Design Improvements for the Zenith 601 HDS: Fairing of Nose Gear

Fairing of Nose Gear

Any round tube exposed to the slipstream produces an amazing amount of drag. Thus, fairing the relatively long nose gear tube seems a good idea. Also, if the nose gear tube has no fairing, then it becomes covered with dust and grit, and the substantial up-and-down movement of the nose gear during taxiing, takeoff, and landing grinds down the Delrin bearing.

The fairing consists of two fitted pieces. Each is held together at the rear lip by a vertical wire inserted into a piano hinge. A spring loaded tube pushes the upper fairing against the nose gear bearing. The lower piece is held in place by a small tube welded into the nose gear. That tube is used by a lightweight tow bar that inserts a long AN3 bolt into the tube. The shiny surface is stainless steel tape on top of the aluminum of the lower fairing part. The same tape is used inside the upper fairing part, so there is no wear. Once a year the fairing is removed, and the nose gear tube is cleaned and lightly coated with grease. This has essentially stopped the wear of the Delrin bearing of the nose gear.

Optimal fairing would require that the width of the fairing is three times the diameter of the nose gear tube. This is not possible here since the turning of the nose gear and the channel bracket holding the lower nose gear bearing limit the width.

An alternate tow bar attachment is a follows. One drills a 3/16 hole into the nose gear tube, inserts an AN3 bolt with two spacers on the two sides, and keeps the bolt in place with a nylon stop nut. Sealant is used to prevent moisture from entering the gear tube. The tow bar is clamped to the spacers.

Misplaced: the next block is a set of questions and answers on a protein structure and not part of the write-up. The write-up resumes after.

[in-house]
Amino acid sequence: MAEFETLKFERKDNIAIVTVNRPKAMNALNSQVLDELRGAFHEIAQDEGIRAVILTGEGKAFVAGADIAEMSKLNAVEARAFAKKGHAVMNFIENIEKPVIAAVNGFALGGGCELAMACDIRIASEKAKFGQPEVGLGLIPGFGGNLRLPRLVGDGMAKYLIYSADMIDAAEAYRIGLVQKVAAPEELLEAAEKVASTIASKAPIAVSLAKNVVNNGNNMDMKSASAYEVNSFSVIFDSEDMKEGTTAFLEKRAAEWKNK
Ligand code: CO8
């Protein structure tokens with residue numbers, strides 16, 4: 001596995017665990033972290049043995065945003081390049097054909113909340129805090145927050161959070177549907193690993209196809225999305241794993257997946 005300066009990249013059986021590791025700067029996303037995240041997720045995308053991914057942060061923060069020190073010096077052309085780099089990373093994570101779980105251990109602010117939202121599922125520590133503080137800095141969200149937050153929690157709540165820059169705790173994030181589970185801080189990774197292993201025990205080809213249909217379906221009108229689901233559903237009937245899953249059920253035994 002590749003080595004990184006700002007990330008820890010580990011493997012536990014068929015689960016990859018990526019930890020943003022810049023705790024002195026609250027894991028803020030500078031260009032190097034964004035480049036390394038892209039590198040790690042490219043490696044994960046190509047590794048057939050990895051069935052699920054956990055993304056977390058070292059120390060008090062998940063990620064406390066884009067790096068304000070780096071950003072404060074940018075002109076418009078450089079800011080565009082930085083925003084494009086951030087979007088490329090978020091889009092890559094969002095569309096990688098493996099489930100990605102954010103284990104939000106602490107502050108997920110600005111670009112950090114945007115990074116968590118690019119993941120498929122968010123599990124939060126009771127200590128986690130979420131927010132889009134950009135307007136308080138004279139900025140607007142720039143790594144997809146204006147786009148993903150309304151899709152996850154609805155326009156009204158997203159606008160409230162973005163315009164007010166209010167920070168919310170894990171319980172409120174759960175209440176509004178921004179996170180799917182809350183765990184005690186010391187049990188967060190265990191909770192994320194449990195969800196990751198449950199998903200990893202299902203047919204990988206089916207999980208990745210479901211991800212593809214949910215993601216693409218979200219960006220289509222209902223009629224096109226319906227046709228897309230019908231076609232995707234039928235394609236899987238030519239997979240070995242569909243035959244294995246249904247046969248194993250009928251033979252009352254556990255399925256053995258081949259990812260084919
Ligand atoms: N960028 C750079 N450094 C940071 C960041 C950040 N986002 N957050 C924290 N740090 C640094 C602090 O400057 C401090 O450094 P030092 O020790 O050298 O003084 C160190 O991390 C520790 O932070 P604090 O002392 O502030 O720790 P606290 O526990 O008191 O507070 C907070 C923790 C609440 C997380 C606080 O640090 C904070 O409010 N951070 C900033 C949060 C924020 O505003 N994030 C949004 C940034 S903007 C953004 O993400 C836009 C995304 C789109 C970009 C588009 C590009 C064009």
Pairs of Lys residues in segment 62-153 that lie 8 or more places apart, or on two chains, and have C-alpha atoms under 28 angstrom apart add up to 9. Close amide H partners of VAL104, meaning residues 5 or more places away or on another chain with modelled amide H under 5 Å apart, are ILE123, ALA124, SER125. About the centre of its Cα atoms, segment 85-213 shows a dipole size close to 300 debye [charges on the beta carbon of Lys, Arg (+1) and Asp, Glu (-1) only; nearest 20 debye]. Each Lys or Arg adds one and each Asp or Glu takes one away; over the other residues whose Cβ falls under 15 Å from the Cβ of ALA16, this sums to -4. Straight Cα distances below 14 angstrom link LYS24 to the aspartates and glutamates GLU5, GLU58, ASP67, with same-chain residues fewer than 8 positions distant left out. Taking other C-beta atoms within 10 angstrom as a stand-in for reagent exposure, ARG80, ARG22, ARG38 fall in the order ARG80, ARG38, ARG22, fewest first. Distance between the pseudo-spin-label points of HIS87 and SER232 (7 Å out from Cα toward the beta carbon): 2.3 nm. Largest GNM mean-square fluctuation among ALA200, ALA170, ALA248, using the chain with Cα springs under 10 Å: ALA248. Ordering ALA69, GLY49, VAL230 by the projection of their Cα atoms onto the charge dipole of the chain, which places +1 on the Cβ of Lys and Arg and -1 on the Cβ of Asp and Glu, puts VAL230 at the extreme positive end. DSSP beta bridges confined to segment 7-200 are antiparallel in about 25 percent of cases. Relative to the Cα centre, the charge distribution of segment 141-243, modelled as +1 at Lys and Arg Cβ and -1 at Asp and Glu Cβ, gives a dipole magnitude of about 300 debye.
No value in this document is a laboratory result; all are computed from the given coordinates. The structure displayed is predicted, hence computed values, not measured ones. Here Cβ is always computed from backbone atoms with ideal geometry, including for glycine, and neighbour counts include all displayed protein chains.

Here are details of the fairing. First a picture of the two nested tubes and the spring. The tubes are made from thin-wall PVC tubing. To get proper nesting, the outer tube was cut and widened in hot water. Each tube has a stop at the end. The spring is inserted into the tubes and thus pushes them apart. We could not get a soft spring of correct size and made it from two springs.

The next picture shows the lower part of the fairing. The sharp bottom lip is covered by spliced nylon tubing so that it does not damage the nose wheel fairing. The lower piece is held in place by the tow bar tube of the nose gear. The wire holds the back part of the piece together via a piano hinge.

Finally, the upper piece. It has two tabs that overlap when the fairing is held together with the wire. The spring-loaded telescopic tube pushes against those tabs to keep the upper piece snug against the bearing of the nose gear. The fairing was designed after we had added the tube for the tow bar. When planned at the same time, the tow bar attachment should be low enough on the nose gear tube so that the two cutouts shown in the picture are not needed.